The Australian Parkour Association (APA) has become the latest body to back claims of "encroachment and misappropriation" into the sport by the International Gymnastics Federation (FIG).
Eliot Duffy, the President of the APA, has sent an open letter stating his organisation's position to FIG President Morinari Watanabe.
It follows similar moves by other national governing bodies such as the Federation de Parkour (FPK) in France, Parkour UK and the New Zealand Parkour Association (NZPA).
Earlier this week, the FIG confirmed it had given its approval in principle for a new discipline in gymnastics based on obstacle course competitions.
"We are writing to express our objection to the recent encroachment and misappropriation of our practice by the FIG via ‘development of a related FIG discipline’ based on parkour, as detailed in their press release dated February 24, 2017," Duffy's letter states.
"Furthermore, we reject the assertions of FIG secretary general, André Gueisbuhler, regarding the history of parkour as inaccurate and ill-informed.
"We support the stance taken by Parkour UK, FPK, and the NZPA and demonstrably reject the secretary general’s notion that our community is not organised in our development of parkour.
"It is our duty to look after the rights and interests of our members across Australia and ensure that our practice is not misappropriated by FIG internationally and/or nationally by any of FIG’s National Federation members.
"As such, we assert the independence of parkour as a characteristically unique, culturally distinct and sovereign practice for which FIG is neither presently representative, nor does it have grounds to claim representation, of the international parkour community.
"We support the call to invite other national parkour communities to issue letters of support for this position and invite collaboration across the international parkour community to ensure the protection and integrity of the practice.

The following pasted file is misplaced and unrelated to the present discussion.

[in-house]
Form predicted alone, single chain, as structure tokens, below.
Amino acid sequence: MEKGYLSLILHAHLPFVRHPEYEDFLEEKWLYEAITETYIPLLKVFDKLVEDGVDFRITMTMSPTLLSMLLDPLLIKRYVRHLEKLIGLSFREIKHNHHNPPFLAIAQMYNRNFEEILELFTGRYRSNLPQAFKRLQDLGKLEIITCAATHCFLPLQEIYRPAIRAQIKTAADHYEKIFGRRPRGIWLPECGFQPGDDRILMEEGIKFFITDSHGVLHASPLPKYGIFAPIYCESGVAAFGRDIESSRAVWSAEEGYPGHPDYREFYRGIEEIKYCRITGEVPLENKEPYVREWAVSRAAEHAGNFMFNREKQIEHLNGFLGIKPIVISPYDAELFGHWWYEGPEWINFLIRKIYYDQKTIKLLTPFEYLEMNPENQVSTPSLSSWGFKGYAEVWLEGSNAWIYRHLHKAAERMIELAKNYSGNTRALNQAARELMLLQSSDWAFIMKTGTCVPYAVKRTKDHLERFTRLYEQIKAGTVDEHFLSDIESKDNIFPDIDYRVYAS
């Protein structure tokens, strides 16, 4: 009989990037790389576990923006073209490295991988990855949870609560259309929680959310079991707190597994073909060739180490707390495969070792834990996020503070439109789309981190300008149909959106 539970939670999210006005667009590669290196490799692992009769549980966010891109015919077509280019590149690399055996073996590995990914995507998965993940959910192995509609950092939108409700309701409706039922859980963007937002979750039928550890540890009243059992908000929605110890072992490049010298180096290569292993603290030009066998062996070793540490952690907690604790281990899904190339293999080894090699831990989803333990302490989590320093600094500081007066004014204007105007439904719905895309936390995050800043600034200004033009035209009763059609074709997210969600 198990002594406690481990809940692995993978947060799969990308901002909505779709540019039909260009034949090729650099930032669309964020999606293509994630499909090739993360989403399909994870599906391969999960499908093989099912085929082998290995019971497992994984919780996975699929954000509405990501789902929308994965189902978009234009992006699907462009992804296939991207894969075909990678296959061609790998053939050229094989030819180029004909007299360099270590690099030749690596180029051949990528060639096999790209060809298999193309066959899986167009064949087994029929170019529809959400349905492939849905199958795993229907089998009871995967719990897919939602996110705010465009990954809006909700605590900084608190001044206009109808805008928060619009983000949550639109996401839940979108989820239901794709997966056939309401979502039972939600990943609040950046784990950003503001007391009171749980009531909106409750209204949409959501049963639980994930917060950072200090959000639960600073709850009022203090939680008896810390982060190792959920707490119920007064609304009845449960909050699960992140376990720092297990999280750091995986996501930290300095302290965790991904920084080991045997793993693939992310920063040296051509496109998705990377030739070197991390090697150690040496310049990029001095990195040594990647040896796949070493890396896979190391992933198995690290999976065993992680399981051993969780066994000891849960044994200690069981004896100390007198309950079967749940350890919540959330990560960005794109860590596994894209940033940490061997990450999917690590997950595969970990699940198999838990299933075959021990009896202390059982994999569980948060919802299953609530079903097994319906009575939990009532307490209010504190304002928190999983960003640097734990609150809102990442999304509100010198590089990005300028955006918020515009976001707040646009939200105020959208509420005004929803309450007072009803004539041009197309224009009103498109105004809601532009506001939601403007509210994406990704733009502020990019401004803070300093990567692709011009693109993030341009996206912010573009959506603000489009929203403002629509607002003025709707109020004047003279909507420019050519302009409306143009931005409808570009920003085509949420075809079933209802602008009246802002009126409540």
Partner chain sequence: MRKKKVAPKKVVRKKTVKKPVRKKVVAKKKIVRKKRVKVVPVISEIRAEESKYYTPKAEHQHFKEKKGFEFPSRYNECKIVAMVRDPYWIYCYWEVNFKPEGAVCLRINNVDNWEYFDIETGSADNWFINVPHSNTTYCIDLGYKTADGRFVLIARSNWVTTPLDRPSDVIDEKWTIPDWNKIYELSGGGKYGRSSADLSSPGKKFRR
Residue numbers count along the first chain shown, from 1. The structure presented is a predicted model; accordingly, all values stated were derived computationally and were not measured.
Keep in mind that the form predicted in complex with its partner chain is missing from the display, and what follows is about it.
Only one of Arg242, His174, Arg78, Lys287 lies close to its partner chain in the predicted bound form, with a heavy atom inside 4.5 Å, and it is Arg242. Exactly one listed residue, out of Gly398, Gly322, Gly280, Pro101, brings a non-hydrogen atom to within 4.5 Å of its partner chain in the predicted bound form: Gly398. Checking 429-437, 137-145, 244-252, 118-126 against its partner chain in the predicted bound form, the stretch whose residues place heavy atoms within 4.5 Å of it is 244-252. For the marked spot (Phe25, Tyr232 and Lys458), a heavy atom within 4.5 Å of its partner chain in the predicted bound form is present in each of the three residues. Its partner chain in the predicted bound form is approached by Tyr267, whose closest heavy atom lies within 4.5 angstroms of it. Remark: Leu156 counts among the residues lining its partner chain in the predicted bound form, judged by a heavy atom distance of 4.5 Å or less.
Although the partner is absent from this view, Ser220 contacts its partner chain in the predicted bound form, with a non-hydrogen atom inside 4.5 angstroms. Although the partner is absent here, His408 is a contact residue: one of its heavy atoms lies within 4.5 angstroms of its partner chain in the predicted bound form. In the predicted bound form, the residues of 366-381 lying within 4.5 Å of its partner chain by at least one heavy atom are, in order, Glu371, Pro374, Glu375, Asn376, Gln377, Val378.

"Our discipline is our own."
The FIG's Executive Committee and Council approved the key stages for the discipline's formal inclusion at a recent meeting in Azerbaijan’s capital Baku, with a view to organising a World Cup series in 2018 and 2019 and World Championships from 2020.
Their Presidential Commission was mandated to continue pursuing using elements of parkour in a potential new discipline following their last meeting in Lausanne in February.
The worldwide governing body announced following the meeting that the FIG Executive Committee had been given a presentation on the development of obstacle course competitions, or parcours d'obstacles, and also parkour, exhibited at last year's Winter Youth Olympic Games in Lillehammer.
However, Parkour UK accused the FIG of "encroachment and misappropriation" and requested a Memorandum of Understanding (MoU) be signed, which would "formally acknowledge the recognised sovereignty of parkour/freerunning".
The organisation also threatened to take the issue to the Court of Arbitration for Sport if an MoU was not established within 60 days of Parkour UK and the FIG meeting.
In a recent Vestnik Kavkaza interview, Gueisbuhler was quoted as saying: "I'm sure the FIG is the International Federation most qualified to further develop parkour."
Following this week's announcement, the FIG moved to make a distinction between parkour and obstacle course competitions.
It is claimed that throughout the inclusion process of the new discipline, the FIG has been supported by the Mouvement International du Parkour, Freerunning et l'Art du déplacement, established in 2014 by the co-founders of parkour.
Before the Executive Committee's first decision on the issue in February, Watanabe undertook a trip to Lisses in the Paris suburbs to meet the current President of the Mouvement, Charles Perrière.
FIG expects to include two formats of competitive obstacle course events in the new discipline; obstacle course sprint, an against-the-clock format, and obstacle course freestyle based on performances that will be judged.
It is claimed the courses for these competitions, while mainly artificial, are based on real-world shapes found in urban and natural environments.
The first event under the FIG's auspices is due to take place on May 28 during the International Festival of Extreme Sports (FISE) in French city Montpellier.
Serving as a model for a proposed urban cluster at the Tokyo 2020 Olympics and future Games, the 2017 FISE includes several other competitions, notably BMX freestyle, boulder climbing and roller skating.
Representatives from the International Olympic Committee (IOC) will be present to observe the new trends in view of Tokyo 2020.